( 115 )
Rating Distribution

5 Star

(38)

4 Star

(25)

3 Star

(24)

2 Star

(11)

1 Star

(17)

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See All Sort by: Showing 1 – 20 of 115 Customer Reviews
  • Posted September 30, 2009

    Ah, yes!

    The ending was a real kicker. I enjoyed this book and I'm glad I read it.

    2 out of 2 people found this review helpful.

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  • Anonymous

    Posted May 24, 2007

    A Good Read

    Ethan Frome was, as I said, a good read. I like how the author used a frame to tell this story--it seems as though you are listening in on something. The novel is not that long, and quite engrossing for the majority of the novel so it goes by fast. Some might find Ethan's thoughts a bit melodramatic, but his thoughts made the novel more realistic. The only reason I would not give Ethan Frome five stars is that the ending did not seem to fit the context of the novel. So, to me, the ending was a bit of a disappointment.

    2 out of 2 people found this review helpful.

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  • Anonymous

    Posted February 2, 2006

    Romeo And Juliet?

    The main story read in this book is of course Ethan Frome and as far as im concerned it is just another version of Romeo and Juliet but the writing was actually superior to shakespears in my opinion

    2 out of 2 people found this review helpful.

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  • Anonymous

    Posted March 4, 2005

    Best American Novel Ever

    As my headline says, I believe this to be the best novel by an American author. Wharton is a forgotten literary star as far as I'm concerned.

    2 out of 2 people found this review helpful.

    Was this review helpful? Yes  No   Report this review
  • Anonymous

    Posted August 9, 2013

    Don't Read I hated everything about this book. The characters,

    Don't Read

    I hated everything about this book. The characters, the plot, the theme, ect. I wouldn't recommend anyone to read this.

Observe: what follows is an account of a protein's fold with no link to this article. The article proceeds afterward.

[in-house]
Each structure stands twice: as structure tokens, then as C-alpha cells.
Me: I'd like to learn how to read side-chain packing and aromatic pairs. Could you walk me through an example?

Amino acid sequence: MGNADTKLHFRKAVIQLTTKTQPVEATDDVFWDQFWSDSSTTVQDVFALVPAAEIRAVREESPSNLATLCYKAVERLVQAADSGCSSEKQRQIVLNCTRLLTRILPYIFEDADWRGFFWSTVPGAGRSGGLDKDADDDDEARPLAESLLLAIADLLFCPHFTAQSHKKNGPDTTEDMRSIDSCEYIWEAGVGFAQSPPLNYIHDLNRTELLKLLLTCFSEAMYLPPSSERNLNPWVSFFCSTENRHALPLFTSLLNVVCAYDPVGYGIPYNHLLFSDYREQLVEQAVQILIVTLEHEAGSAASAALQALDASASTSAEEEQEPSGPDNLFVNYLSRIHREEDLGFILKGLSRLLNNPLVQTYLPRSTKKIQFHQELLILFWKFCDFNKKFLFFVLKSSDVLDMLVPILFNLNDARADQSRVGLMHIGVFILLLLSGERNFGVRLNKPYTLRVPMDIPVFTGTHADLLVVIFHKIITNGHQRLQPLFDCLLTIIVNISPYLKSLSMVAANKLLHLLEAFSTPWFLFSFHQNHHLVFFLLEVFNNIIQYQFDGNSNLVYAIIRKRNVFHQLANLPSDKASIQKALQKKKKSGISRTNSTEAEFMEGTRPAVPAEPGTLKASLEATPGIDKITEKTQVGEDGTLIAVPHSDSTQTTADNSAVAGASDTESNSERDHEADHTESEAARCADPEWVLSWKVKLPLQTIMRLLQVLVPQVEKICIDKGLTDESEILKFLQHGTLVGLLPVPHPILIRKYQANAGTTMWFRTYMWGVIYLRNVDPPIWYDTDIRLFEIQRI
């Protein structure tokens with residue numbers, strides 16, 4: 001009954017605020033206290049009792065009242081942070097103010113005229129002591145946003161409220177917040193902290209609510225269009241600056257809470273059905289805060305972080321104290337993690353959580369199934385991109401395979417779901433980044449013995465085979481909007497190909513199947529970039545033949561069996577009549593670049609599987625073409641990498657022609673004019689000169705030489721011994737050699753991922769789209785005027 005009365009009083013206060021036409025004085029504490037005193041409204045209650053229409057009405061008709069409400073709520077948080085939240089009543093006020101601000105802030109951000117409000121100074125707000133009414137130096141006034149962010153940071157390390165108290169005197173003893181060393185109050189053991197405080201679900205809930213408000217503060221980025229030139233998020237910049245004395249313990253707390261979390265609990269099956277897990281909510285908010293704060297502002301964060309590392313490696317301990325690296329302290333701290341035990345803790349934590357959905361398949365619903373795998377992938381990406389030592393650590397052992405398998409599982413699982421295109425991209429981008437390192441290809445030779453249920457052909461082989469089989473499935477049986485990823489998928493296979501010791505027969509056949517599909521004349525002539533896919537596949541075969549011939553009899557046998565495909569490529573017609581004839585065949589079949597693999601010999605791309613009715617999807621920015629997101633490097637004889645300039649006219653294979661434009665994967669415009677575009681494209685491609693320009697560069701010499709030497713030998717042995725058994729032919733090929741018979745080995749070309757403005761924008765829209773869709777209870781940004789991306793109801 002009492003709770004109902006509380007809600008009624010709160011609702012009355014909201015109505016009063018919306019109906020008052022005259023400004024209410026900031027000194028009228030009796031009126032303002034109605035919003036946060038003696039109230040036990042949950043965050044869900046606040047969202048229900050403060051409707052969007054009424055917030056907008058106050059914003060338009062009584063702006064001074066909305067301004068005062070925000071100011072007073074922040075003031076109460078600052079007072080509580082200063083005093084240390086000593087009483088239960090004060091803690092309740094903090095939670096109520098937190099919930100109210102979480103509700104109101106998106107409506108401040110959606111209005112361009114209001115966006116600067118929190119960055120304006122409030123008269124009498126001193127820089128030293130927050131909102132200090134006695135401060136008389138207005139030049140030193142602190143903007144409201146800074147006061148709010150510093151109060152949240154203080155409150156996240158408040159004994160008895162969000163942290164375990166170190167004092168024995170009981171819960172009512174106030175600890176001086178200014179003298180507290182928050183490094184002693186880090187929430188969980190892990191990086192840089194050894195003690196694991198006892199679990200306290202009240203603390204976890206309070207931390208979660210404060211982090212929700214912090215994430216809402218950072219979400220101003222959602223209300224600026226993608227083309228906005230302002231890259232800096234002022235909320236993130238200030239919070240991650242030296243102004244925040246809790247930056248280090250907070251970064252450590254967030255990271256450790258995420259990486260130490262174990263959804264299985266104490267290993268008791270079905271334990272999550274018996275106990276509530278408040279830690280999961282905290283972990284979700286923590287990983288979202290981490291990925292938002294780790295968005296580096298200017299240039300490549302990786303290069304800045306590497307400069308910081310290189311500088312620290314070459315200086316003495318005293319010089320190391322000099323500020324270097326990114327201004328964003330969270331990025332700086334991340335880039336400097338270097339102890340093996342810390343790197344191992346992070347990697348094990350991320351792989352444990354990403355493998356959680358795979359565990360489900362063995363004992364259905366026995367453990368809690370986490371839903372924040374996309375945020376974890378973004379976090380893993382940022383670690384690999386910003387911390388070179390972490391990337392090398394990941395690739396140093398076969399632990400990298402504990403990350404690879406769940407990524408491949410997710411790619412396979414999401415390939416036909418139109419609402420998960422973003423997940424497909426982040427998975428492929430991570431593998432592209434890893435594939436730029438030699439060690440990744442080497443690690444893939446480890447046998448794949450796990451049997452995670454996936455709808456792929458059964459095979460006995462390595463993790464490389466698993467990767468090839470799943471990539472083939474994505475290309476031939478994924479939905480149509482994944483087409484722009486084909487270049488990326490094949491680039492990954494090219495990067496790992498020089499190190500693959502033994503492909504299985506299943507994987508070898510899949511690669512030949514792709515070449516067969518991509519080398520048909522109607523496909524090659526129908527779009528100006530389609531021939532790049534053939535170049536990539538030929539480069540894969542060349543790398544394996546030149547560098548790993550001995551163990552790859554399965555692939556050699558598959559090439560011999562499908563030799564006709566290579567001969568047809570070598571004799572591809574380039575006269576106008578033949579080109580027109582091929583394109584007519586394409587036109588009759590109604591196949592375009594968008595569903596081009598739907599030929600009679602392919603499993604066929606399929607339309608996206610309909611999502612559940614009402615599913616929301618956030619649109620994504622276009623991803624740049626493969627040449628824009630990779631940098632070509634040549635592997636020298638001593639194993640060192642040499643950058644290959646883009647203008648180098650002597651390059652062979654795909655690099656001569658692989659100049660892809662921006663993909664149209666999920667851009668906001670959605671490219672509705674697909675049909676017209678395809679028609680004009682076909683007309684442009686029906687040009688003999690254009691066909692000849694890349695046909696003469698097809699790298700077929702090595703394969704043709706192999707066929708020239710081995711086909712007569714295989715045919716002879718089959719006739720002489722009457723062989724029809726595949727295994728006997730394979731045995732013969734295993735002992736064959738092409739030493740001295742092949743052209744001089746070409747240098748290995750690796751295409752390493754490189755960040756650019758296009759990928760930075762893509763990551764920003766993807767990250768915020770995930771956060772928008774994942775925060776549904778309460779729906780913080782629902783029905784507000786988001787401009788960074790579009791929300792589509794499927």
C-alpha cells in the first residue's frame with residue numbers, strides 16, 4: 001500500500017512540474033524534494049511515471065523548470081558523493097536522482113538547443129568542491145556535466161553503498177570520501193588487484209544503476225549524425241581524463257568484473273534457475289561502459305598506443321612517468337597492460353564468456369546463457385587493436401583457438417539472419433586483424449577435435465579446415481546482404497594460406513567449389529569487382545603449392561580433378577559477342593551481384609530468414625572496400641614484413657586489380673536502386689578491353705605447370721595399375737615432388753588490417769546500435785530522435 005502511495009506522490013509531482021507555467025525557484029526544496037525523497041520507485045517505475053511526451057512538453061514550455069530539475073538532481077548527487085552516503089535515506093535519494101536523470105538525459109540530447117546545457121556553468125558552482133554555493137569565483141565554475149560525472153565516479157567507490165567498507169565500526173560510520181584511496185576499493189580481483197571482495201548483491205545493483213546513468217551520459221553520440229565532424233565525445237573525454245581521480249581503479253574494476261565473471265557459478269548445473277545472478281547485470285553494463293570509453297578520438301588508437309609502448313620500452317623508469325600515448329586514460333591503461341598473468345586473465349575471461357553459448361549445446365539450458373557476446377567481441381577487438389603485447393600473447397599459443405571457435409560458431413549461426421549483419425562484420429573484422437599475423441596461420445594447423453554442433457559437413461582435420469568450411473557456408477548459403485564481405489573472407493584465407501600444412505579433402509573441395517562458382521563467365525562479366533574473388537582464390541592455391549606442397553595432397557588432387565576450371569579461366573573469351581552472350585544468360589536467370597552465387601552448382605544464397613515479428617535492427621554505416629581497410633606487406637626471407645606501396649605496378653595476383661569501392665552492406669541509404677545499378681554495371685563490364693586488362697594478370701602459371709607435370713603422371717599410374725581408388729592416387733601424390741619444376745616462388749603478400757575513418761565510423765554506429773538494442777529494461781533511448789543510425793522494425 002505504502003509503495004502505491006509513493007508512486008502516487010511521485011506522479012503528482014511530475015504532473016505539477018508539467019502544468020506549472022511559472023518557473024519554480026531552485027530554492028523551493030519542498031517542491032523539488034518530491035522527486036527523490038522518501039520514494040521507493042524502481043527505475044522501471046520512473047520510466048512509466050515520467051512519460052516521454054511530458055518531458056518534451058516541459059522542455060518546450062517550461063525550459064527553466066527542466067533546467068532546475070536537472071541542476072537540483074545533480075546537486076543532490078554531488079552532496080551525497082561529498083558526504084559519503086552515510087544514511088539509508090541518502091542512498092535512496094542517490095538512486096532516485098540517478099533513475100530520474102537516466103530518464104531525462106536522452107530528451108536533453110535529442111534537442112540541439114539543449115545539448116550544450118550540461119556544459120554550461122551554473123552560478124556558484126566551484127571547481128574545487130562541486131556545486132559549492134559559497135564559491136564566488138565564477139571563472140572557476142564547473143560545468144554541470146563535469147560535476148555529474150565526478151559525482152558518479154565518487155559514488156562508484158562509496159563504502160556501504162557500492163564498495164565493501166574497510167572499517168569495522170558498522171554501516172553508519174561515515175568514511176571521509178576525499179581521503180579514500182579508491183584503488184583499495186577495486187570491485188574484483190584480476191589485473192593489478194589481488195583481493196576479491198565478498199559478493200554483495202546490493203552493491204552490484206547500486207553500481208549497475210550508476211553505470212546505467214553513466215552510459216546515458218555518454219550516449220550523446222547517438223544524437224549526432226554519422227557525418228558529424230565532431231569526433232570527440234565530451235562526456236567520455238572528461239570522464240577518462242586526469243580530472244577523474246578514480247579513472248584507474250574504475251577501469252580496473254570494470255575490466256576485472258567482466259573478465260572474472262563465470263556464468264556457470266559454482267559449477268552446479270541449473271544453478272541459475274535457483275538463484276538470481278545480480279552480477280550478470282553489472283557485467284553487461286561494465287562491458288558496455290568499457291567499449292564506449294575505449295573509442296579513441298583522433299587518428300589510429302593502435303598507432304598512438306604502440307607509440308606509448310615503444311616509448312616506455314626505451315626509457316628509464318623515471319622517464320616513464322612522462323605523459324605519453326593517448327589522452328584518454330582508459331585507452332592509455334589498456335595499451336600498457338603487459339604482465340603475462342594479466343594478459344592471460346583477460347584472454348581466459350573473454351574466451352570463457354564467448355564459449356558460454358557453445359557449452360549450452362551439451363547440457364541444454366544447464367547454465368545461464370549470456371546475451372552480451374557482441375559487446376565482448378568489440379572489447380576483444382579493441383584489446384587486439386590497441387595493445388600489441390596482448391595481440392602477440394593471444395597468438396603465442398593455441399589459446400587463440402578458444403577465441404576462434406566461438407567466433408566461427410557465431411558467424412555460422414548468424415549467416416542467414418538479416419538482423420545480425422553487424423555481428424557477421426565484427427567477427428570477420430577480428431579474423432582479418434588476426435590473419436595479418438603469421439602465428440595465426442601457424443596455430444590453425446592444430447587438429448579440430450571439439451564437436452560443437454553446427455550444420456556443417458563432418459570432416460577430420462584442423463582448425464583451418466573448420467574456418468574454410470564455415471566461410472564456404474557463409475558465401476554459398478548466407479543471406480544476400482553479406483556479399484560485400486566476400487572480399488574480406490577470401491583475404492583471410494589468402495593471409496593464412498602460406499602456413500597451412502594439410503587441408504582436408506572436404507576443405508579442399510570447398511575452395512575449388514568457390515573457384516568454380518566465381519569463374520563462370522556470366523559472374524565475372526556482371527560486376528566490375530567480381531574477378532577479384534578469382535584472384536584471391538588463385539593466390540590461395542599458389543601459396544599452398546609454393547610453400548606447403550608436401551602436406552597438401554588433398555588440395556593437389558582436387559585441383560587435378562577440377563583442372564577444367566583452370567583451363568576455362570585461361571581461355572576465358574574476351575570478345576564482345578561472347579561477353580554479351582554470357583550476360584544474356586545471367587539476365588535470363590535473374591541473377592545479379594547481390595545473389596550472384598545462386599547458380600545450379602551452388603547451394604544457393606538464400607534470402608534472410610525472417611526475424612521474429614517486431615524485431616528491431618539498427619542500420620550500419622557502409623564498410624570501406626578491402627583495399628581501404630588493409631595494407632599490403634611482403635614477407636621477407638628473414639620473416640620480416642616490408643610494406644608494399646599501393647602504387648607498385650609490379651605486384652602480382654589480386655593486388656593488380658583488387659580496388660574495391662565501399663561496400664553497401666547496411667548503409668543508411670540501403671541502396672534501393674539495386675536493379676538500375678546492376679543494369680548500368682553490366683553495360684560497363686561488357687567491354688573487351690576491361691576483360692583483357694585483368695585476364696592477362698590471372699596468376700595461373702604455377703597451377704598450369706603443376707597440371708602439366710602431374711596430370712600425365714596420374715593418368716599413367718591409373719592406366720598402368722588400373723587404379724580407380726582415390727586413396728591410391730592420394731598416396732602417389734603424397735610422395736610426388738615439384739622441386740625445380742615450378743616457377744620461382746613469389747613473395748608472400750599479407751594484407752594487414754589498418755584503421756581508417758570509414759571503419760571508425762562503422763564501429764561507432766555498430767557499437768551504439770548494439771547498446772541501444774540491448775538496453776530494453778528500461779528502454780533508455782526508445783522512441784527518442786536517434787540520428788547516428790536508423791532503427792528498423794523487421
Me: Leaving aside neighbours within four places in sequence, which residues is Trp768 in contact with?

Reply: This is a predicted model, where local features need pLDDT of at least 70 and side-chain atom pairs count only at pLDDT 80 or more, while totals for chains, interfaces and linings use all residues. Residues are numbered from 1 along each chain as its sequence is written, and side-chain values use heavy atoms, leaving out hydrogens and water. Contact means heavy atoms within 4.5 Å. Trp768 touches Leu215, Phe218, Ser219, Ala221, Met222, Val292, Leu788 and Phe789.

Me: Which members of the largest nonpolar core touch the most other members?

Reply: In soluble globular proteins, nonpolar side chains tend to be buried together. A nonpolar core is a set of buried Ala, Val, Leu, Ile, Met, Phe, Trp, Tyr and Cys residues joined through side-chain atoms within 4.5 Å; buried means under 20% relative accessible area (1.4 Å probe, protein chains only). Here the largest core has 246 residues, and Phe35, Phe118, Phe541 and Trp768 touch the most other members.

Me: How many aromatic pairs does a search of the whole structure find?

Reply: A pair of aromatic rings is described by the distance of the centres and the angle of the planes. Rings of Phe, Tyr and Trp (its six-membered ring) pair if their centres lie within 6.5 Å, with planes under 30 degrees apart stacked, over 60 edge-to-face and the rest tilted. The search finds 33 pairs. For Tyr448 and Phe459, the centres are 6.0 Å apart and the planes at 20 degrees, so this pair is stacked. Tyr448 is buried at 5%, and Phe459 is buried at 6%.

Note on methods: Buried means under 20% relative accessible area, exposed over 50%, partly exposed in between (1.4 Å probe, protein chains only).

Was this review helpful? Yes  No   Report this review
  • Posted June 2, 2011

    more from this reviewer

    Pretty Intence

    A fast read. Characters are well developed and are strong. The ending is quite unexpected for those who are not already familiar with this classic.

    Was this review helpful? Yes  No   Report this review
  • Anonymous

    Posted November 7, 2008

    one star is more than it deserves...

    It was an absolutely horrible book as far as I am concerned. The entire book was excessively boring. There were about two interesting parts in the entire novel and they lasted a span of about 10 maybe 15 pages. Although it really lacked in action of any kind it is full of symbolism and meaning. I think you'll really get a kick out of the ending if you decide to read it.

    0 out of 1 people found this review helpful.

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  • Anonymous

    Posted November 13, 2006

    Such a good book

    A really good romance novel. I loved it!! I recommend this book to anyone.

    0 out of 1 people found this review helpful.

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    Posted December 13, 2010

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    Posted January 30, 2011

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    Posted January 11, 2013

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    Posted August 1, 2009